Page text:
Every new menu we’ve taken a step to ensure almost everything is made in house. Just stronger cooking fundamentals. And I think it has shown that we are busier year-over-year here and now that we have had access to this garden for this first season here, we will definitely base how our summer menu is going to look based on the availability of this stuff.
What has it been like working with this brand-new garden?
Admittedly, it caught us off guard a little bit with how much we got, so we weren’t totally ready for it, even horticulture [department] wasn’t totally ready for what they got. And this is first planting and this was a bad growing year—we had that drought all summer—and that’s all in new soil so nothing has had a chance to take root.
We started seeing our first loads in late-June, early July. The spring chives and spring lettuces and a lot of herbs—all those fresh leafy greens. But soon we were seeing full yields—a full Mitsubishi [minicab] truck load—from mid-July to two weeks ago.
It’s been really fun to have that challenge. There are obvious things you can do with it: it can go in soups, it can go in salads, but that will only get you so far before you have a spoilage issue. So we’ve had to find ways to preserve this, so we started making oils and lots of ferments.
For instance, tomatoes were something we got a lot of. Some are perfectly ripe and have a perfect shape so we were running those on tomato salads, but a lot were underripe or misshapen. So we’d put those in the smoker for about three hours with hickory and mesquite until they were pretty tanned with smoke. We’d then dehydrate them in the oven and blitz them into a powder, so we’d end up with this smoky tomato seasoning.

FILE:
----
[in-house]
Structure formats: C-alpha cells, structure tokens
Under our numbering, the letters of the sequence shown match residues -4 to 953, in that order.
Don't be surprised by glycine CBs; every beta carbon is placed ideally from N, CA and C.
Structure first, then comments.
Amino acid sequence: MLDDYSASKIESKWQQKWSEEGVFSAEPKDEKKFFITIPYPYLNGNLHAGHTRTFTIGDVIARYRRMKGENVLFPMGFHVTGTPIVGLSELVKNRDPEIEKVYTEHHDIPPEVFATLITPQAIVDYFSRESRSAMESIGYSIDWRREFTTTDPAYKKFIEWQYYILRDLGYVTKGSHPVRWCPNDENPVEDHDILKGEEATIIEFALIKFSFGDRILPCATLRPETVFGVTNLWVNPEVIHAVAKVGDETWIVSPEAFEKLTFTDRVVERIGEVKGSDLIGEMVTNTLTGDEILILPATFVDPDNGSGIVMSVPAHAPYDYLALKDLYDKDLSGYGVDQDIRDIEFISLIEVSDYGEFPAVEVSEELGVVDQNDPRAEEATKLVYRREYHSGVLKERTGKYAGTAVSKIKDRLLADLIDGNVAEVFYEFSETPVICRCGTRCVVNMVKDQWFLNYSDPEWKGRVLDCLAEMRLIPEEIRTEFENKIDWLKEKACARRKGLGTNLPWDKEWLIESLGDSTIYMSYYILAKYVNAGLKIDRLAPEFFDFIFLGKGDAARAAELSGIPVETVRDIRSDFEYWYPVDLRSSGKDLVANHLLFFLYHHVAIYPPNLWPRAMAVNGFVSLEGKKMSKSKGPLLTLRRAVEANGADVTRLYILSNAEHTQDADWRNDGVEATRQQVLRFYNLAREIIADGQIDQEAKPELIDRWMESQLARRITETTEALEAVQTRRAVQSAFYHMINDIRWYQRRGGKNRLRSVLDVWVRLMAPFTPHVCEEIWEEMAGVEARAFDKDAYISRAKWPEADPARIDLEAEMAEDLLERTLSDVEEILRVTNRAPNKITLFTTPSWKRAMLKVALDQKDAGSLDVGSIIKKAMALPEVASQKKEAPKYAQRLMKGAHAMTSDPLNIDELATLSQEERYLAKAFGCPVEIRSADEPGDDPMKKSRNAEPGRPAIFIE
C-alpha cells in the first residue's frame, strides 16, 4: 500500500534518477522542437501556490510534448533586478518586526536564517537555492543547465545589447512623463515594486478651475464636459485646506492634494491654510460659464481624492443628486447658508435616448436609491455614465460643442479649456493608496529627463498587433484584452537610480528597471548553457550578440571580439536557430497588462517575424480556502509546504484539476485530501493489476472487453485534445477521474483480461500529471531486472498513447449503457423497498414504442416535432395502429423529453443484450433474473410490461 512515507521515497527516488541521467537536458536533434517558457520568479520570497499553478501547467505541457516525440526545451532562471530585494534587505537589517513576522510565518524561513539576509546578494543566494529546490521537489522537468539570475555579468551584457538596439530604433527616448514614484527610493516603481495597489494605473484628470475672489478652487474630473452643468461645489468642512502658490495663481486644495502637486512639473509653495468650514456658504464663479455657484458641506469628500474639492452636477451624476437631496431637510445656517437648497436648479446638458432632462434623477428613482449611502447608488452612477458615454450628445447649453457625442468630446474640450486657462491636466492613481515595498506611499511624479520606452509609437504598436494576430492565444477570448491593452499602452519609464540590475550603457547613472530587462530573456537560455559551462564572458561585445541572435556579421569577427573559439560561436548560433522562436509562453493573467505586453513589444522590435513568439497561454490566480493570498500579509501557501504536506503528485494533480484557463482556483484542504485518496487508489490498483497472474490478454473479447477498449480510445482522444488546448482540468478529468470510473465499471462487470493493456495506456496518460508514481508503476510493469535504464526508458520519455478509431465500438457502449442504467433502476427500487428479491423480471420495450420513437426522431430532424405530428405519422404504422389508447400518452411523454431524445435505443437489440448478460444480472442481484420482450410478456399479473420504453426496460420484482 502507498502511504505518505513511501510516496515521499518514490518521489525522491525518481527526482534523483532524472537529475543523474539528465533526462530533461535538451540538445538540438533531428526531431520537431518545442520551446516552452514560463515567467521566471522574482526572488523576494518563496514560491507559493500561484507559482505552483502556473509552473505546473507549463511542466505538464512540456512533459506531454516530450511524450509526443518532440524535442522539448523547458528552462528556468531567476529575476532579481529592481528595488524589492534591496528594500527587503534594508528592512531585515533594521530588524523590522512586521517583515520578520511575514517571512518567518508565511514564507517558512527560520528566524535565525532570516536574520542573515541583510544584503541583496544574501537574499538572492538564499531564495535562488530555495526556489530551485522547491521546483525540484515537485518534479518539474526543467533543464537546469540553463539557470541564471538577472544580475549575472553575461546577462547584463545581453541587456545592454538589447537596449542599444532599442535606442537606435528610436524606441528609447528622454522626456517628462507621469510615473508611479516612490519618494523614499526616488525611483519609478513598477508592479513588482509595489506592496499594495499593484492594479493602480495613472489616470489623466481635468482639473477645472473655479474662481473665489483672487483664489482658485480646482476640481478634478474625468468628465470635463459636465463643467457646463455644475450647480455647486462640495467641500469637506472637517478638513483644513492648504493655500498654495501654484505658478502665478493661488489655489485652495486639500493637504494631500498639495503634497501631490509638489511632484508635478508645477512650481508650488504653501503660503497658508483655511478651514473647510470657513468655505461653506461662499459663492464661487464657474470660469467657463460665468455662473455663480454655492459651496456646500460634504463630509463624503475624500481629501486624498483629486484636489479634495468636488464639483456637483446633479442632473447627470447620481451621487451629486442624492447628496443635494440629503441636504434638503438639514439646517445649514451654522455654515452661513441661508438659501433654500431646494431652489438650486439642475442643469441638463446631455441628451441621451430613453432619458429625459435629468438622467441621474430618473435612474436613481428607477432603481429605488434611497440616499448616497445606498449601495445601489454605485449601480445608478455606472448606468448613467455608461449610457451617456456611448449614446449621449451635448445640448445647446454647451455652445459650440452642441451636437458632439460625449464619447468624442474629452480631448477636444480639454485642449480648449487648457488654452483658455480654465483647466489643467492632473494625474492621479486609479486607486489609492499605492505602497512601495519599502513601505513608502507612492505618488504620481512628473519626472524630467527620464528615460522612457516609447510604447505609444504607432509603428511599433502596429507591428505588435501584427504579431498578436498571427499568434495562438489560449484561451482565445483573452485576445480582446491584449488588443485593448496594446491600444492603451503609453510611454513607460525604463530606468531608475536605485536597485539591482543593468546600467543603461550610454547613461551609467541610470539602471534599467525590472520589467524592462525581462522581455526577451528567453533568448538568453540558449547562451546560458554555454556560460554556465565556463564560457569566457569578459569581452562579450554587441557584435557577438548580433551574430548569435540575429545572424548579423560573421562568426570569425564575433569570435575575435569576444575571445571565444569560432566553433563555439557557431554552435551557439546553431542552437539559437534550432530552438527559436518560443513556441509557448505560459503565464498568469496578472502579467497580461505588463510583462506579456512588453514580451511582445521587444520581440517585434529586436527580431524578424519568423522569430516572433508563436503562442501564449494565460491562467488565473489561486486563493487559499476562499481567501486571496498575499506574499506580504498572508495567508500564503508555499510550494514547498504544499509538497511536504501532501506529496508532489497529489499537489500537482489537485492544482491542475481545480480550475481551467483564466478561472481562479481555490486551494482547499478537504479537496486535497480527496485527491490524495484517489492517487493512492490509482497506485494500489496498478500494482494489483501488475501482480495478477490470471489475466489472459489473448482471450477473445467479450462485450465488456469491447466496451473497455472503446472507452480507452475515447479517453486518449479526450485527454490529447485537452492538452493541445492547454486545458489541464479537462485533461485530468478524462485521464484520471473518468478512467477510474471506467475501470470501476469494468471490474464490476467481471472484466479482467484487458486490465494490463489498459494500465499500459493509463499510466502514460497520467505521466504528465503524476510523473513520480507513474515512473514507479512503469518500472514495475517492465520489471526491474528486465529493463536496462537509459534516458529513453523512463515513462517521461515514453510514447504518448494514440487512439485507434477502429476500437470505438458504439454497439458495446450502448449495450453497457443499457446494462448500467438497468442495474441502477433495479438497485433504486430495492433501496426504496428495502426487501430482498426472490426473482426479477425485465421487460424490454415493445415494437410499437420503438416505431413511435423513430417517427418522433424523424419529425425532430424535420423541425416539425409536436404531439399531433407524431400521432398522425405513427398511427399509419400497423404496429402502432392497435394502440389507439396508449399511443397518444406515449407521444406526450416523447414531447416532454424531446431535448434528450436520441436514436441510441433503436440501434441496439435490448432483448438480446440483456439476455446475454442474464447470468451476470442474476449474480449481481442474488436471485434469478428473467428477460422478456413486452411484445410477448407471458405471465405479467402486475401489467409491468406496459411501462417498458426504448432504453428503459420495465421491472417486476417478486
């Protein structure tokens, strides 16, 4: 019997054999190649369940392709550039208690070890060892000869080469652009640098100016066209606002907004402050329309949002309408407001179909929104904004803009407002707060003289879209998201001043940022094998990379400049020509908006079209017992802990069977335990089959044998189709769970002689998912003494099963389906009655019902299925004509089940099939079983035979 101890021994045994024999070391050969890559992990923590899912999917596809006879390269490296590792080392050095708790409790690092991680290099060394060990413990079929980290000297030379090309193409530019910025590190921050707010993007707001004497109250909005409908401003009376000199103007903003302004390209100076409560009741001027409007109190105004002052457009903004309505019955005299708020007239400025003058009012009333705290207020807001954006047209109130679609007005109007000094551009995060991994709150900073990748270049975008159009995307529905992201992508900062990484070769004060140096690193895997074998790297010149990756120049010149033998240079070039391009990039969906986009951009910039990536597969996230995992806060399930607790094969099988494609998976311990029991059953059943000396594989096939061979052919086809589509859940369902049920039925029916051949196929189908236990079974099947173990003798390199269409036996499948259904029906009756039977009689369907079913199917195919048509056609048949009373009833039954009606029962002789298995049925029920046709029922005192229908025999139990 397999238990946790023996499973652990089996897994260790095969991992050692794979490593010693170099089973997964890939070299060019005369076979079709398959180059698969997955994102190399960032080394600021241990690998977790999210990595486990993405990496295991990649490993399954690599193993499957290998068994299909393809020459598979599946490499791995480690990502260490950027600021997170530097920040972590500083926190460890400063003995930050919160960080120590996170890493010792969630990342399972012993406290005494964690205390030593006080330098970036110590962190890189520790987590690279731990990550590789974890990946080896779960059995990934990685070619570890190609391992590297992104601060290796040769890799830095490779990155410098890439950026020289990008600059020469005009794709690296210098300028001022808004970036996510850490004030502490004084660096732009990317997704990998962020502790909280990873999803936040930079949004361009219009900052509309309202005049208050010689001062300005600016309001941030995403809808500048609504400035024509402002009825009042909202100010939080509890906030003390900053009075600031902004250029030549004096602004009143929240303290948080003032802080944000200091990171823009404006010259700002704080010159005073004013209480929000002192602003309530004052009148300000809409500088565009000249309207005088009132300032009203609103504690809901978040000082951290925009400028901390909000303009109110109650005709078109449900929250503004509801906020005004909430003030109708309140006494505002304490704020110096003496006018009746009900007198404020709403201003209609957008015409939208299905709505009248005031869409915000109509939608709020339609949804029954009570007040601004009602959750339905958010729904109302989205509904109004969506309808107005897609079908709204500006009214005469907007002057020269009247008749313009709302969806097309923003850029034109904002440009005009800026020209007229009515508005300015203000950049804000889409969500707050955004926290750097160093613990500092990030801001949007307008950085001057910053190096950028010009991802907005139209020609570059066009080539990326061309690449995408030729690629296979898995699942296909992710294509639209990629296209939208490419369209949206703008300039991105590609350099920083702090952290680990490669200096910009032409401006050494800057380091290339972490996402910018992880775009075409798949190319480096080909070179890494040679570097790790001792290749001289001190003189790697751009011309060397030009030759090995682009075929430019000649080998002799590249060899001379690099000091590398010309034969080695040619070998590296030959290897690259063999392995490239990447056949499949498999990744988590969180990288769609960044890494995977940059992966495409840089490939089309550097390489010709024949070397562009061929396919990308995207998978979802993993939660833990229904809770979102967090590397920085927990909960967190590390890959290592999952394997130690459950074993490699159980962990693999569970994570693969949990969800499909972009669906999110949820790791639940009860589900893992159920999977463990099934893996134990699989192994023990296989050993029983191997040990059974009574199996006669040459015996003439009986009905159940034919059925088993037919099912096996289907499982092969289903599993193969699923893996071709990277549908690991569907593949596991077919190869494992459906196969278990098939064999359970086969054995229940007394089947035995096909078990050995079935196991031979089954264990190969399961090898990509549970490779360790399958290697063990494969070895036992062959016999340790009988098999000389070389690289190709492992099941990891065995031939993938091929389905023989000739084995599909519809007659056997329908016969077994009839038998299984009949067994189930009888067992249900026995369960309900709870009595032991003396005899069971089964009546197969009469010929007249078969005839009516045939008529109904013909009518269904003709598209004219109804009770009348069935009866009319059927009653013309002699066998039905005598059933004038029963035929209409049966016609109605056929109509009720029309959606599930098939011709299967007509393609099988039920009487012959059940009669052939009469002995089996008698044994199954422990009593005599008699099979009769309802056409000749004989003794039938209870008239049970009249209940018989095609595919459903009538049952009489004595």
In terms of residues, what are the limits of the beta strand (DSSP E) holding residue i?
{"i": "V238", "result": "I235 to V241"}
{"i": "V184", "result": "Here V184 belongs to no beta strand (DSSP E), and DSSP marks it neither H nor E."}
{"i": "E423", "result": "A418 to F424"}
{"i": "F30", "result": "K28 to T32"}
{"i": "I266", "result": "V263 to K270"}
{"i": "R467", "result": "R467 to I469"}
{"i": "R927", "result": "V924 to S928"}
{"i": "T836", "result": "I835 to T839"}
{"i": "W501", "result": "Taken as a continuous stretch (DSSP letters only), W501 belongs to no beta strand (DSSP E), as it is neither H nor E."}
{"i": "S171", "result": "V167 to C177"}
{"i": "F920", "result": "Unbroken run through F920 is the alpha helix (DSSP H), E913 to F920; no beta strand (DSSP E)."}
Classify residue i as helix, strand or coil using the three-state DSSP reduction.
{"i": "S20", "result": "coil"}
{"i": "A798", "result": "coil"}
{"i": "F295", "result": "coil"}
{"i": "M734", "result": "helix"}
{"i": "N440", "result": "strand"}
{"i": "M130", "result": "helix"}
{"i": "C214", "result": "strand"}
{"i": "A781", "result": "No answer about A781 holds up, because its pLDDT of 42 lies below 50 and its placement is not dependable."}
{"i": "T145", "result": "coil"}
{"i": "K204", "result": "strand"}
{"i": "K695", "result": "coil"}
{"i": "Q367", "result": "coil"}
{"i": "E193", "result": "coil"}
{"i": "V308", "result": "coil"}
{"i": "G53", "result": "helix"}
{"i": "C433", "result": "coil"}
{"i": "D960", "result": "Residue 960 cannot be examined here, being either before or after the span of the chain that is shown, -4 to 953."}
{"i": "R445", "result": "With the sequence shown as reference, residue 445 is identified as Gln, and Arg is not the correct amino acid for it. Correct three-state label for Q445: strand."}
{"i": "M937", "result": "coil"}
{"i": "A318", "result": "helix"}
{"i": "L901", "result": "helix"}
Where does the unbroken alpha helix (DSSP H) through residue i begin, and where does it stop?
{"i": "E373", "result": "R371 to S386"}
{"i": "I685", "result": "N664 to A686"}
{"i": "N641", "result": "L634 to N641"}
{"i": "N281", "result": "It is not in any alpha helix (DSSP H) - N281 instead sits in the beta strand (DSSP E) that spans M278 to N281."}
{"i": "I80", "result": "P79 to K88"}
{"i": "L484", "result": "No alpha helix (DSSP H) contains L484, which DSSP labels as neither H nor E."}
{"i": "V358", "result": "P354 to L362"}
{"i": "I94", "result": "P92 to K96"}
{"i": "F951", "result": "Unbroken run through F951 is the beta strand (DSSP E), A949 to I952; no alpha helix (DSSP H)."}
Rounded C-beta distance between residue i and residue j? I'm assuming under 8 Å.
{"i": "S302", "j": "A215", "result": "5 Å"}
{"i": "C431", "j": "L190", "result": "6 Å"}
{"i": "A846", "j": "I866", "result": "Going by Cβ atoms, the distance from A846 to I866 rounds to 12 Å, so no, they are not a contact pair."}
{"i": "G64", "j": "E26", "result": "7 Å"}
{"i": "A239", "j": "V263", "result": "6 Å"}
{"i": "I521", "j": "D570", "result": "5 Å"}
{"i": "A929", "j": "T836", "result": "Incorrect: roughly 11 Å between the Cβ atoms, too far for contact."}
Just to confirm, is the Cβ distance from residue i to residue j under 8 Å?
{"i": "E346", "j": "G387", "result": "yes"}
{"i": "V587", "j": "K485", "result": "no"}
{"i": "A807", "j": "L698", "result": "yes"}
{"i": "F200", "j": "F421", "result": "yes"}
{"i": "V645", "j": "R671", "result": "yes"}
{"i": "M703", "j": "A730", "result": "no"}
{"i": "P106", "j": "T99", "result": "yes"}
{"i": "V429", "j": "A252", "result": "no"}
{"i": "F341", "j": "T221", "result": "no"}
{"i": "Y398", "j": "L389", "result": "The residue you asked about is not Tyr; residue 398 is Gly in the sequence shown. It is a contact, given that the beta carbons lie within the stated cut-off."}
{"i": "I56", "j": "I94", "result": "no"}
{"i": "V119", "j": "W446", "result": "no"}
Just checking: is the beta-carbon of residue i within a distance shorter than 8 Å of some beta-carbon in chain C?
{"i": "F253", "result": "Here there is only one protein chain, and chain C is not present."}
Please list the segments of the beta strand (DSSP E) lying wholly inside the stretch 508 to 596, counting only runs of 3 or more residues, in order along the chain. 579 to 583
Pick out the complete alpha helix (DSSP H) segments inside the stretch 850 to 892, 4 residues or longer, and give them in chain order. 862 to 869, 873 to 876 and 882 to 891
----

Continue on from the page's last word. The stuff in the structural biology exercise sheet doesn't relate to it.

We’d then ferment the underripe ones, then mix that with smoked tomato seasoning and strain that off to make our own fermented tomato paste. We’d then add a big tablespoon of that to each order of soup to give it a big flavour hit. We’d also make tomato aioli with it too.
It’s been a really fun project to take all this great produce and getting to decide what to do with it.
Note: some of the ingredients that have been harvested from the Gardens at The Leaf’s Kitchen Garden that you can catch on the Park Café plates into the winter include pickled cauliflower, beets, beans, onions, salsas and so many salts, sugars and powders that have been created using the herbs that were picked throughout the summer. Most of the garden-forward dishes run as specials, while every pumpkin pie right now is straight from the garden.
We’re doing this interview at 2 p.m. on a Wednesday and the dining room is still 80 per cent full. Are you at all surprised by how busy this place is?
I think it’s remarkable and a testament to the hard work we’ve done on our menus and developing the food we serve here how people [are willing to] wait an hour plus for a table on the weekend. They could choose some place where they’d wait less, but they stick with us and we take that responsibility seriously.
Assiniboine Park Conservancy’s (APC) culinary offerings at a glance:
- The Park Treats window (outside the building by the pond) is open all the hours that Park Café is open (9 a.m. to 4 p.m.) with food items, hot apple cider that’s made in-house, along with hot chocolate and coffees.
- The Park Café can do 300 covers on the weekend, with a dining room that seats 80.
- The new restaurant at The Leaf will have 90 seats, plus a 40-seat patio (opening is tentative for late 2022).
- APC’s other culinary offerings include the Tundra Grill and other small concessions, along with The Pavilion for catered events. The Pavilion is already booking five to six banquets a week right now.
- Executive chef of the whole operation is Heiko Duehrsen.